A Relative Strength Index (RSI) Indicator is now a must-have for forex traders. However, one must learn how to use RSI indicator correctly. The following are some examples of RSI indicator settings that can be applied to different trading strategies:
1. Using RSI Signals to Open New Forex Positions
The main signal generated by the Relative Strength Index (RSI) oscillator is an indication of overbought and oversold price ranges based on the values of the data collected over time. Although RSI is commonly used as a filter in a system that uses a trend indicator as the main indicator, RSI indicator signals can also be used as a trading indicator by themselves.
RSI signals for opening positions are as follows:
- When the indicator’s line crosses level 70 from above, it’s time to open a short position (Sell).
- When the indicator’s line crosses level 30 from below, it’s time to open a long position (Buy).
In any case, it is necessary to wait for the following signal to confirm a trend reversal when the indicator’s line crosses the 70 or 30 levels.
RSI signals for closing positions are as follows:
A trade can be closed under several conditions, including:
- You should place a Stop Loss at the local extremum and a Take Profit at the value that is 2-3 times greater than the local extremum.
- Take advantage of the opposite indicator’s signal to exit.
- Set a Stop Loss and Take Profit at the nearest key levels or Fibonacci levels (The Take Profit level should not be lower than the Stop Loss level otherwise you should avoid opening the trade).
As RSI signals were designed to be used as filters, not as a main instrument, trading with RSI signals alone may not be the best approach. It is more effective to use a trend indicator or at least pay attention to Price Action signals when developing a technical trading strategy.
2. RSI Two-Period Divergence
The 2-Period RSI popularized by Larry Connors is a robust indicator for identifying mean reversion trades. In some cases, this strategy is also known as the RSI 14 strategy.
- Check for crossovers between a short 5-period RSI (RSI 5) and the longer 14-period RSI (RSI 14). When using the RSI 14 trading strategy, a market sometimes shifts direction without reaching the oversold or overbought levels. It can show early signs of reversals because a shorter period RSI is more reactive to recent price changes. An RSI 5 crossing over an RSI 14 means that recent prices are rising.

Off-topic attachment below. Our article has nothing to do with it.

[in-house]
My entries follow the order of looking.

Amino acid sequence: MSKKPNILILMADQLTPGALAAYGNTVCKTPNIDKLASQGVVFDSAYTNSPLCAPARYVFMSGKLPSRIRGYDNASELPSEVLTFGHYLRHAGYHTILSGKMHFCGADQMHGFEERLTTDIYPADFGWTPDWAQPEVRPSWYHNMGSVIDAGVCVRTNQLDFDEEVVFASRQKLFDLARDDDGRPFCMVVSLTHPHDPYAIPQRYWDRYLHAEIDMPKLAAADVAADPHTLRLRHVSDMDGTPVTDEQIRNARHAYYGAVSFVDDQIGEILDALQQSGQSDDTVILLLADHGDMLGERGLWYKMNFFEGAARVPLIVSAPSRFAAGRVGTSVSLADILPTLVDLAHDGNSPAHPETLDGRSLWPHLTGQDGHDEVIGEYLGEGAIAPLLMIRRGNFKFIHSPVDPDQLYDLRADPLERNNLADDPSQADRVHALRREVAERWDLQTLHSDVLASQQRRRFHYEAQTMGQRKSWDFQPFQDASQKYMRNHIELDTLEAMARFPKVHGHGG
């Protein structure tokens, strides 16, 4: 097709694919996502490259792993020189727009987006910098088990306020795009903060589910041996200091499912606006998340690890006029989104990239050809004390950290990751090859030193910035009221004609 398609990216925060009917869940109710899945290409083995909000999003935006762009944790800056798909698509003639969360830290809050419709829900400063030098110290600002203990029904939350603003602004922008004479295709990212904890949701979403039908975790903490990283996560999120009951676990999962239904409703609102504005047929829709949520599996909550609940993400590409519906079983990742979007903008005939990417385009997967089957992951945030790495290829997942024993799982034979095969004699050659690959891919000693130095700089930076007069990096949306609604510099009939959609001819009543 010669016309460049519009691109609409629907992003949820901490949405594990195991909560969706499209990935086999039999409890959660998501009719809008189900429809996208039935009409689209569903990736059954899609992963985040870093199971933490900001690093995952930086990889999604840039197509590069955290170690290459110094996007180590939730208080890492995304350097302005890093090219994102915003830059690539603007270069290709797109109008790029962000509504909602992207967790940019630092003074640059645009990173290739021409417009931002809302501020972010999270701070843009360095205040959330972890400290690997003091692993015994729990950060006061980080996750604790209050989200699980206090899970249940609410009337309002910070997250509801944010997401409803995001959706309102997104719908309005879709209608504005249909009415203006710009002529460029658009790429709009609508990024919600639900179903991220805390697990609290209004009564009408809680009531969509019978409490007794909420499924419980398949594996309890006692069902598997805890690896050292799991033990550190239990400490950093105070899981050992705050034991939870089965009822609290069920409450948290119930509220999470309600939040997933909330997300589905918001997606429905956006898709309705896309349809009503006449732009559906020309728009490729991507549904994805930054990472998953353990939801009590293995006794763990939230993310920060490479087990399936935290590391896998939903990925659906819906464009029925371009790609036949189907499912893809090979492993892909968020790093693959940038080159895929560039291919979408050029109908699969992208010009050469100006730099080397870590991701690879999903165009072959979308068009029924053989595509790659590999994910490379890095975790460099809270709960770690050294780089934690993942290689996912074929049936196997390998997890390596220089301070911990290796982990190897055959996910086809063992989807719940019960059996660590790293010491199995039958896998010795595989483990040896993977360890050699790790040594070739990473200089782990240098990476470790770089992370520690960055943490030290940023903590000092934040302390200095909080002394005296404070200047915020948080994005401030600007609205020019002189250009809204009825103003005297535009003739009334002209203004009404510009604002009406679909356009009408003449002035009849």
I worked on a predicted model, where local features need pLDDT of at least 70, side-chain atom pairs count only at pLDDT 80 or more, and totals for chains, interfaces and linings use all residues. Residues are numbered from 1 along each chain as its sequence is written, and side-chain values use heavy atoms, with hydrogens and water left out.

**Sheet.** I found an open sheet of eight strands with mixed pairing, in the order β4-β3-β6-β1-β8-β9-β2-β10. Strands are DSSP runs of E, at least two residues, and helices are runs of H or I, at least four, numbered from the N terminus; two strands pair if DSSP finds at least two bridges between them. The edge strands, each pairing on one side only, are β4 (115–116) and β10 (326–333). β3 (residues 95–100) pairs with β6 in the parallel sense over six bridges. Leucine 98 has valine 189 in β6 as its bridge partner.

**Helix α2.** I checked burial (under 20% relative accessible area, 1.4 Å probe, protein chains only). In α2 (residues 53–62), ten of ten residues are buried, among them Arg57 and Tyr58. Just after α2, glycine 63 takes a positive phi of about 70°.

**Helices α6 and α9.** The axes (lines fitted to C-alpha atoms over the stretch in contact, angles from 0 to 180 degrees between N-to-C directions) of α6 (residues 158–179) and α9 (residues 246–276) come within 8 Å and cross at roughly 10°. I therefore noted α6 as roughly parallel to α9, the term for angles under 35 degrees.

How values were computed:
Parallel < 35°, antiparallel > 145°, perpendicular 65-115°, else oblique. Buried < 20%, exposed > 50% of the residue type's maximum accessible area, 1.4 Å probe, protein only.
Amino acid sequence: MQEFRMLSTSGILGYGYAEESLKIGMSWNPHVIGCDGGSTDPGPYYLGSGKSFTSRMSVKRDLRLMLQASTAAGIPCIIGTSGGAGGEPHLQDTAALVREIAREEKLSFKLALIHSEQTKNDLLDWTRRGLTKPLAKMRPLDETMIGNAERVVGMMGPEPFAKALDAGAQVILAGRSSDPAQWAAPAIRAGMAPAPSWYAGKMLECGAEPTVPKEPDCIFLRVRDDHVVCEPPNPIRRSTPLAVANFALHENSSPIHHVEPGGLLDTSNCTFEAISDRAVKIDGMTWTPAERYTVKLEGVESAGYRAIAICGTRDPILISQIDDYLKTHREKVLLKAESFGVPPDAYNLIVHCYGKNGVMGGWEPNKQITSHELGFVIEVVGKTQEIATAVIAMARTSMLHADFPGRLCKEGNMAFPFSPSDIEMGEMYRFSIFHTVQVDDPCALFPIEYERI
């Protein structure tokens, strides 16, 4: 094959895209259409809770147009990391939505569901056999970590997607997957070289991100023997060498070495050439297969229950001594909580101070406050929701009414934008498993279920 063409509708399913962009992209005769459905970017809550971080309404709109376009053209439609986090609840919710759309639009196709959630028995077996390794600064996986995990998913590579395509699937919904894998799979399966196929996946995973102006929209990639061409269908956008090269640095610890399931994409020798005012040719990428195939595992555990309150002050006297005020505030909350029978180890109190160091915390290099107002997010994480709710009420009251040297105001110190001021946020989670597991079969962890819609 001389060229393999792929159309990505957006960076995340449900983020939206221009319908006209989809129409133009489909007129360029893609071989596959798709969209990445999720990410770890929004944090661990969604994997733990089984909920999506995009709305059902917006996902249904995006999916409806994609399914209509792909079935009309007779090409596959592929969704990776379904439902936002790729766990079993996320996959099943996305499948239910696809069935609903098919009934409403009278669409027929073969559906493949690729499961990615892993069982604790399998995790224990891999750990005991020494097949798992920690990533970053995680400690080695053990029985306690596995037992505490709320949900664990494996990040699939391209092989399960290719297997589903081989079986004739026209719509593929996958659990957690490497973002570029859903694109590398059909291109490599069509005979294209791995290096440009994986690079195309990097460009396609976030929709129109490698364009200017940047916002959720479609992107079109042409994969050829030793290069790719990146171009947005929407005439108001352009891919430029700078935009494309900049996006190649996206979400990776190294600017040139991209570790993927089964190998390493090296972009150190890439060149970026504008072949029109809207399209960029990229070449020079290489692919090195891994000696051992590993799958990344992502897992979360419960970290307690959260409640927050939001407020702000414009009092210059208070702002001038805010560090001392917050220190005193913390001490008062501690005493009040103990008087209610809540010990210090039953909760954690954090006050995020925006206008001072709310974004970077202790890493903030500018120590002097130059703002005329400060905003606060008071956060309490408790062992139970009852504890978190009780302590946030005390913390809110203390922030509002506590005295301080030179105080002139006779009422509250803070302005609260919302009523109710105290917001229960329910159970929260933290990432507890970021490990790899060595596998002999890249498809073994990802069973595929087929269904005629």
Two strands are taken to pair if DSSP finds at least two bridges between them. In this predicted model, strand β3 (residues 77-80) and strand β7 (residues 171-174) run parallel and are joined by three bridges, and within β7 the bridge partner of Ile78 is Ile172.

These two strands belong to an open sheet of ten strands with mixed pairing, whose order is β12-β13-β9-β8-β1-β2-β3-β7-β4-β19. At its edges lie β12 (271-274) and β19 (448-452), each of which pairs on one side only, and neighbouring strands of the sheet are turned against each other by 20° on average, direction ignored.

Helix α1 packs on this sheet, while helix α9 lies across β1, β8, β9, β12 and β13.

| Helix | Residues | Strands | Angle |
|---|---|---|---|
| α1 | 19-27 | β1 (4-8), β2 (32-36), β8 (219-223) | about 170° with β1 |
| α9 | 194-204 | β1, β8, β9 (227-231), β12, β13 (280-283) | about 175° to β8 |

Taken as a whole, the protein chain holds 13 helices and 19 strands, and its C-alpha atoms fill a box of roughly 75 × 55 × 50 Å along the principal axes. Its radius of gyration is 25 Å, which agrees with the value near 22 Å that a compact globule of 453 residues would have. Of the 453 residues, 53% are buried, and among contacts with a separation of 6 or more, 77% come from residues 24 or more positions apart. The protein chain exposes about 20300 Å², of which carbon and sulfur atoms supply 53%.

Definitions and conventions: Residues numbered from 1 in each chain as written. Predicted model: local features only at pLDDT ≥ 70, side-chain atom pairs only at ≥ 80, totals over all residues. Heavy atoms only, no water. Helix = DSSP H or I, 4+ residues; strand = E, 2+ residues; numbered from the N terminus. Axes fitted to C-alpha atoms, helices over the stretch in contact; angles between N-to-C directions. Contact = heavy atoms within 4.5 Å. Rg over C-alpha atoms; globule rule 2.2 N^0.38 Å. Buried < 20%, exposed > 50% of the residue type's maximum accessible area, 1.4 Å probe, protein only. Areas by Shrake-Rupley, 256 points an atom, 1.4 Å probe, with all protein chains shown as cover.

- A buy signal is generated when the 5 period (blue) is oversold (below 30). In a declining market, the RSI 5 crosses below the RSI 14 and becomes lower than it. This indicates a sell signal. The 5 vs 14 cross occurs when the 5 period (blue) is overbought (above 80).
Experienced traders are more likely to combine an RSI trading strategy with pivot points to improve their trading performance.
3. Predictive Power of RSI Trendlines
Trendlines are an essential tool in a forex trader’s arsenal. RSI indicator can also be used for trendline analysis, in which trendlines are drawn on an RSI chart to identify potential support and resistance levels.
In order to draw an upward trendline, two or more lows are connected and the line is projected into the future while the RSI is rising. As well, a downward trendline is drawn by connecting two or more highs and projecting the line into the future when the RSI is falling. When the RSI trendline breaks, a price reversal or continuation is likely to occur. Whenever an asset price breaks above a downward trendline, this signals a reversal of a downward trend in the market or a continuation of an uptrend.
RSI trendlines usually break before price chart trendlines, providing an early warning and opportunity to trade.
4. RSI Classic Divergence
An RSI bearish divergence is formed when the price forms a higher high while the RSI decreases, forming a lower high. RSI divergence usually occurs at the top of a bullish market, and this pattern is known as a reversal pattern. When RSI divergence is formed, traders expect the trend to revert. Several candlesticks appear before the uptrend reverses direction, and breaks below its support line, indicating a reversal ahead.